By Tom Shaw and Judith Nygren
Omaha World – Herald
OMAHA, Neb. — Omaha Firefighter Stan Shearer and good Samaritan Stefan Ray know the power of rampaging pit bulls.
Quick actions by both men saved two victims from further mauling.
Although the attacks took place months apart and miles away from each other, Shearer and Ray are united by their heroic efforts. Shearer used a metal pole to restrain a pit bull. Ray used his bare hands.
The day after Shearer and other firefighters came to the rescue of a 48-year-old woman in Douglas County, Ray was honored by the city for saving a toddler last summer in eastern Omaha.
In the attack Sunday night, rescuers were called to help Lorrie Ellis, who had suffered severe bites to her neck and arms at 5922 S. 186th Ave. The attack began just before 6 p.m., reportedly after the dog had growled at an infant in the home. Ellis was attacked when she tried to distract the dog from the baby.
"The dog was still after the victim," Shearer said. "She had pinned him against the door of the bathroom. The dog’s body was in the hallway and the head was in the bathroom."
Ellis had retreated to the bathroom after being attacked by the large 3-year-old male pit bull. She was crying for help. Shouts could be heard in the background of the 911 call made by the girlfriend of the dog’s owner, who is Ellis’ son. The son and his girlfriend are the infant’s parents.
After arriving at the house, one firefighter held the door closed to keep the dog pinned. Shearer used a six-foot metal pole with a loop on the end of it in an attempt to secure the pit bull. But the loop wouldn’t go over the dog’s head completely because the door jamb was in the way.
Shearer had to bend down and slip the loop over the dog’s head while a third firefighter tightened the loop.
But that wasn’t the end of the ordeal. The dog thrashed wildly. Two firefighters had to wrestle with the dog to restrain it so Shearer and another firefighter with paramedic training could attend to Ellis. The struggle was so intense and the dog so strong that the metal pole was bent.
"It was still trying to fight up to the very end," Shearer said. "It would lay still for a minute and then it would thrash, trying to get away."
Later, authorities said the dog had died from strangulation while trying to get out of the restraining loop.
Shearer has responded to dog attacks before in his 22-year firefighter career. Nothing was quite like this, however.
"I’ve seen similar, but nothing quite as aggressive as this one. This one was fairly severe."
Ellis had surgery at the Nebraska Medical Center for critical injuries to her neck and arms. She was listed in fair condition Monday. Through a hospital spokesperson, the family declined interview requests.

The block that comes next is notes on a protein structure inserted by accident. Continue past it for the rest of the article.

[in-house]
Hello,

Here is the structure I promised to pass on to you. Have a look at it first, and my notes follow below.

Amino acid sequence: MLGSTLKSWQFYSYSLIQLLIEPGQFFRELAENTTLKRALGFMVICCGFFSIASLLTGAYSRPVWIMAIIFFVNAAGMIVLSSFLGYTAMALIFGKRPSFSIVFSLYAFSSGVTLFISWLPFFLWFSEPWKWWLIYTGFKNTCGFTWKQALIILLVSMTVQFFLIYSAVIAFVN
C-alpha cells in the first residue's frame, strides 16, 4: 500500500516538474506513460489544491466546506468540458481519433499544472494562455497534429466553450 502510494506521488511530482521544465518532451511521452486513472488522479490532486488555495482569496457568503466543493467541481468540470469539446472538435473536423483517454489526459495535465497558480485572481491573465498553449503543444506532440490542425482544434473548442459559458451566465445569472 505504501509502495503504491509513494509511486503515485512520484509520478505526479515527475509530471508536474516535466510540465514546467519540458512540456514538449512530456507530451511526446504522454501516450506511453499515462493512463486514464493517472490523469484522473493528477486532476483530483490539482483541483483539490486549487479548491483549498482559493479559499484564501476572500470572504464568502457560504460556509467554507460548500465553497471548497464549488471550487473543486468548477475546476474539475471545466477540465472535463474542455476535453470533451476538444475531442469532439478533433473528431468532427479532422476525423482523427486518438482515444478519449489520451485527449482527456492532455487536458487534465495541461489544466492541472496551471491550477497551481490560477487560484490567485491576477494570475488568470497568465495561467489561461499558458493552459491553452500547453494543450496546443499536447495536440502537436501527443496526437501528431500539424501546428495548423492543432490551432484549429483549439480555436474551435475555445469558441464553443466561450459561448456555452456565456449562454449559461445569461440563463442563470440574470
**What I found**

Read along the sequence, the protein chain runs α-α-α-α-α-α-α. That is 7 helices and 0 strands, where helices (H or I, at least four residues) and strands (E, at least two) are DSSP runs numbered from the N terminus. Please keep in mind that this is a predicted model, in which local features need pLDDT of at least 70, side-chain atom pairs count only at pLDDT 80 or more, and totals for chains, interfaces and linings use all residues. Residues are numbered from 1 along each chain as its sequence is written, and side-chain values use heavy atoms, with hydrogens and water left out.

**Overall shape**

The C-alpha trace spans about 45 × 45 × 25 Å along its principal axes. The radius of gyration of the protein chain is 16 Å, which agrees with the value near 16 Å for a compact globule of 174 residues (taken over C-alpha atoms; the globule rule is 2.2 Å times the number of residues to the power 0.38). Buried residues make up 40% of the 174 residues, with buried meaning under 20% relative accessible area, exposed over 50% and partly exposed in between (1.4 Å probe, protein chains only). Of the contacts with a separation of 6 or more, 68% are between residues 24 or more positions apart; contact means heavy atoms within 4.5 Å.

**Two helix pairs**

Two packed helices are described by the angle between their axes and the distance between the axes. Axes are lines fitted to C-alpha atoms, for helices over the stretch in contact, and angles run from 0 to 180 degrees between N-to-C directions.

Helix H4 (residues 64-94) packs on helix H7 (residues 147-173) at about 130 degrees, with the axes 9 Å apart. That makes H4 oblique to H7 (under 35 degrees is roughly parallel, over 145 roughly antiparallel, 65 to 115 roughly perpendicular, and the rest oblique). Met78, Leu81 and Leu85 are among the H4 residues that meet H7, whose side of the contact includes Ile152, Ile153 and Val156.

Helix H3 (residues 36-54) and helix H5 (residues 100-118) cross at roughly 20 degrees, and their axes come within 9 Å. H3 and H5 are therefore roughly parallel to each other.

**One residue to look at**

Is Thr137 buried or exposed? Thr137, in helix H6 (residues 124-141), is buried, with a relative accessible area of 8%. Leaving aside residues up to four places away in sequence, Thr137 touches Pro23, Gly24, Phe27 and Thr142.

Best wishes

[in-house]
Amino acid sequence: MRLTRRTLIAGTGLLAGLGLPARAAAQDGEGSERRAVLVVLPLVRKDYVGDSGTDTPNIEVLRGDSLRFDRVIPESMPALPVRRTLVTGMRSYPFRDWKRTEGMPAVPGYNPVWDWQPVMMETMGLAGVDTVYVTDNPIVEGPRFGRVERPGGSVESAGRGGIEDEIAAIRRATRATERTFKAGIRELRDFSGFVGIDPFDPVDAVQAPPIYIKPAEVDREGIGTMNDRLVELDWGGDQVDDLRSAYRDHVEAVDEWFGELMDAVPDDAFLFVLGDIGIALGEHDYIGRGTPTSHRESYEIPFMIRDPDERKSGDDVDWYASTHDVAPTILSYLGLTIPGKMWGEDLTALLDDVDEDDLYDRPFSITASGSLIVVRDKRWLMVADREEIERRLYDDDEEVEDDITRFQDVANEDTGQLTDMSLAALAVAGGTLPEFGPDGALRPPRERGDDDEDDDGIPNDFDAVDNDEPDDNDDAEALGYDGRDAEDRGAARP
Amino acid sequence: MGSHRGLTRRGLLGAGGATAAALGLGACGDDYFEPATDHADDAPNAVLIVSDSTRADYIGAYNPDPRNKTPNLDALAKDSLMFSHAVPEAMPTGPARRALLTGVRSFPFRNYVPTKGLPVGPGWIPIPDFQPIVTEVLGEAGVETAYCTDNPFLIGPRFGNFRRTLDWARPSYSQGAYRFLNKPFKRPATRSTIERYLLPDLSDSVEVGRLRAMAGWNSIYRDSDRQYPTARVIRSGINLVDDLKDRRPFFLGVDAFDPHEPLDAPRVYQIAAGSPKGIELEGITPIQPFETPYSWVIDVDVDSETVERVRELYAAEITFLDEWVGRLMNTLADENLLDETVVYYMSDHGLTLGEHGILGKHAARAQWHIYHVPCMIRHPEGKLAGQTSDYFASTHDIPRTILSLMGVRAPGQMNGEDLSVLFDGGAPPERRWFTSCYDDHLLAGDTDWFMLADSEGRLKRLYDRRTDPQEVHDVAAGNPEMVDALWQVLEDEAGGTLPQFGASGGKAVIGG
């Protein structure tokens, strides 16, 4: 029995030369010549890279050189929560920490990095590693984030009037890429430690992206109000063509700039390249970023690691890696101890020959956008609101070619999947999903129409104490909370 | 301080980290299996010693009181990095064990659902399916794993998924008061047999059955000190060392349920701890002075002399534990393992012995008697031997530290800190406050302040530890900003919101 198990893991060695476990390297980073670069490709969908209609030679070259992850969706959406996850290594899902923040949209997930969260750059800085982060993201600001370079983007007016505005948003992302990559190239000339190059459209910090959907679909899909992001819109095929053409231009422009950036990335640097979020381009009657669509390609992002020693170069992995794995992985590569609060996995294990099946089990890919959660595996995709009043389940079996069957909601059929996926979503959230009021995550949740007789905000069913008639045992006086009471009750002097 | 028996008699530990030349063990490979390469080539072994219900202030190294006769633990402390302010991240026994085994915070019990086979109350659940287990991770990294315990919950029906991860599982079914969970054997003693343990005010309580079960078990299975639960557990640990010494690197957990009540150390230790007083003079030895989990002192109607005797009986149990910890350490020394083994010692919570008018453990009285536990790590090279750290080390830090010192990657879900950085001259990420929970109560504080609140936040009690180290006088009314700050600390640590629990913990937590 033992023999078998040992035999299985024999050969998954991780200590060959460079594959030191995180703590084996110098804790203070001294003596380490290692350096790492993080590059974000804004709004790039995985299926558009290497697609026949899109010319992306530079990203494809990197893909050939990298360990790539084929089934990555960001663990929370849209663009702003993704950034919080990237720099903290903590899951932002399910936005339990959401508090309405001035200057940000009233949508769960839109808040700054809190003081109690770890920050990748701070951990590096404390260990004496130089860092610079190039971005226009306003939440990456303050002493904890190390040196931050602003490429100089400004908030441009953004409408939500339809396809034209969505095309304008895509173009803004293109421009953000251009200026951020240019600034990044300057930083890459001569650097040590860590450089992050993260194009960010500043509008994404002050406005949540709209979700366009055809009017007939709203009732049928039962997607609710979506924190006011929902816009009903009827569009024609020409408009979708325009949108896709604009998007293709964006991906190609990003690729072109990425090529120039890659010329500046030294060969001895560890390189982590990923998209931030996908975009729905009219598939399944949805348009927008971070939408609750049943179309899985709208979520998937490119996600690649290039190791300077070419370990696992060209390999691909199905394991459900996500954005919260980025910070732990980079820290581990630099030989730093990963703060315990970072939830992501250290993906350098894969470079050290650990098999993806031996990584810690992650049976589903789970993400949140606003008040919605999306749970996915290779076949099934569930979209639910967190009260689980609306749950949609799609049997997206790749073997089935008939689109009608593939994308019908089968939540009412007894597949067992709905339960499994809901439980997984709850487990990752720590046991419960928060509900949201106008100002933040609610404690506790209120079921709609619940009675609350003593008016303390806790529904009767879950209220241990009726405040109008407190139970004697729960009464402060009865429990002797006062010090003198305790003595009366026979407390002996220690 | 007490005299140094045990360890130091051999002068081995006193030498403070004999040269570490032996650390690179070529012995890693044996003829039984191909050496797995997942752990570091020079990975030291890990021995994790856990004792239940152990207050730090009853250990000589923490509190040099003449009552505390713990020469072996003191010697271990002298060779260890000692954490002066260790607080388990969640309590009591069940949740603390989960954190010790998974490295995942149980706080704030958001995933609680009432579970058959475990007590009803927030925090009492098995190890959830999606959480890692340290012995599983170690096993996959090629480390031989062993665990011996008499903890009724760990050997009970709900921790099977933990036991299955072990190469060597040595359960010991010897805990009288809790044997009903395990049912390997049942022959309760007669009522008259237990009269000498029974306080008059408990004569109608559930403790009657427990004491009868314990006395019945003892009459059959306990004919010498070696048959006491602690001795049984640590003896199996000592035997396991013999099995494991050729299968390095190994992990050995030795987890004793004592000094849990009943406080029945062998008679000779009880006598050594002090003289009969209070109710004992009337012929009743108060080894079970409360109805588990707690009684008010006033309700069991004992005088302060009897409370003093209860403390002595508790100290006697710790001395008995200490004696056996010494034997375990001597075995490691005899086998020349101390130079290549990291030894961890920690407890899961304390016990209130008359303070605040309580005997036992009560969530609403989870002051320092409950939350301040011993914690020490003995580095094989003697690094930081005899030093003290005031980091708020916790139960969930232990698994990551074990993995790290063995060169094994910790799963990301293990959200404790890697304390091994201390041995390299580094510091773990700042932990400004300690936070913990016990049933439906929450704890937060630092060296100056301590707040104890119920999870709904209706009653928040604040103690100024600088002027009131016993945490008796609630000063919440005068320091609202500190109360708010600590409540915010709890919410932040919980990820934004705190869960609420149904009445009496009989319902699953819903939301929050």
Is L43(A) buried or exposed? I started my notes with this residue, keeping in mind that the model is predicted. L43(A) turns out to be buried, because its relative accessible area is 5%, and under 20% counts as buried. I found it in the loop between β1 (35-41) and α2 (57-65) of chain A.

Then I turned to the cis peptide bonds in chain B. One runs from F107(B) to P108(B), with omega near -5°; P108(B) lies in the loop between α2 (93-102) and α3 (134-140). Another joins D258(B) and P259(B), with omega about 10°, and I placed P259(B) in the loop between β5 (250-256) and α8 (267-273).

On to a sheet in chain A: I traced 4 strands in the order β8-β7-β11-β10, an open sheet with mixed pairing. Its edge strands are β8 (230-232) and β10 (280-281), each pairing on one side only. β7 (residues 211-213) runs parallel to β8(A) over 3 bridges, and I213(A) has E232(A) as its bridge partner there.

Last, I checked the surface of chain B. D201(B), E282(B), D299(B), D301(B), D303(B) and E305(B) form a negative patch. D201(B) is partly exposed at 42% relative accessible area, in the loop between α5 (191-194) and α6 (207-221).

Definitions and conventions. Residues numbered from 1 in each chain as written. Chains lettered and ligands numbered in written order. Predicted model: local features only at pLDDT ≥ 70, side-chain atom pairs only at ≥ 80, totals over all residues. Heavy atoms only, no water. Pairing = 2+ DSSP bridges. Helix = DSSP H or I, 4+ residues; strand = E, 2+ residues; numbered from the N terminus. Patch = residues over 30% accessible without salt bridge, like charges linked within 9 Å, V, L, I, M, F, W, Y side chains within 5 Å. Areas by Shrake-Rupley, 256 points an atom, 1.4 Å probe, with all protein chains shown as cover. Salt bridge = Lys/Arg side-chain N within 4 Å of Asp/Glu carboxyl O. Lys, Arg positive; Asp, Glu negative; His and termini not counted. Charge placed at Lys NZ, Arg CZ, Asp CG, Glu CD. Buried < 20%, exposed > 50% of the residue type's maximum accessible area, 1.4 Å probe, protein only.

Her son, the owner of the pit bull, could face misdemeanor citations for failing to vaccinate and license the dog, and for not having $100,000 liability insurance for the dog.
Each of the three misdemeanor citations carries a maximum penalty of six months in jail and a $500 fine. The attack occurred outside the city limits, but Omaha’s dangerous dog rules apply to suburban areas of the county within three miles of Omaha.
The pit bull had bitten someone last November, but that incident was never reported to authorities, said Mark Langan of the Nebraska Humane Society.
Marty Bilek, chief deputy of the Douglas County Sheriff’s Office, said Monday that the pit bull, Ceasar, growled at the infant, then attacked Ellis. Before firefighters arrived, a neighbor jumped over the pit bull to get the infant out of a bedroom and to safety.
Bilek said the son and dog were staying at the house, and the girlfriend and infant were visiting.
The gruesome scene Sunday night was reminiscent of the attack that occurred last summer at 14th and Pine Streets in Omaha.
Ray, a 50-year-old restaurant worker, was showering June 25 when he saw his neighbor’s pit bull break loose. Putting on only his underwear, Ray sprinted outside to find the dog mauling Charlotte Blevins, another toddler and their mothers.
After helping to pull the dog off the women and children, he opened his door and shooed them inside: "Come this way, come this way."
After Charlotte was taken to Creighton University Medical Center, Ray and a police officer spotted a piece of Charlotte’s scalp on the children’s wagon. He put it on ice and the officer rushed it to the hospital, where it was reattached.
Wendy Blevins, Charlotte’s mother, said she would like to think she or anyone else would be just as heroic in a similar situation. But on that day, she said, only Ray came to the families’ aid.
"He’s a wonderful man. I love him dearly," said Wendy Blevins, who regularly takes her daughter, now 2, to visit Ray.
Blevins, whose daughter is healing and healthy but preparing for another surgery in March, said Sunday’s pit bull attack brought back memories of her family’s ordeal: "I get very sick."
But, she said, she also was relieved to learn that firefighters Sunday were properly equipped with the metal pole to restrain the dog.
On Wednesday, Blevins will testify before state lawmakers in support of a bill to increase the criminal penalties for owners of dangerous dogs that attack. Under Legislative Bill 494, owners of dogs already determined to be dangerous could be charged with a felony if they harm people. Owners now are charged with a misdemeanor.
In a ceremony, Mayor Mike Fahey declared Monday to be "Stefan Ray Day" in tribute to his heroics.
Ray said it’s "kind of cool" to have a day named after him. But, he added, "I’d do it all over again for nothing."
Shearer expressed similar humility when praised for the firefighters’ actions Sunday night.
"We just do what we have to do," he said.
World-Herald staff writers Susan Szalewski, Erin Grace and Kevin Cole contributed to this report.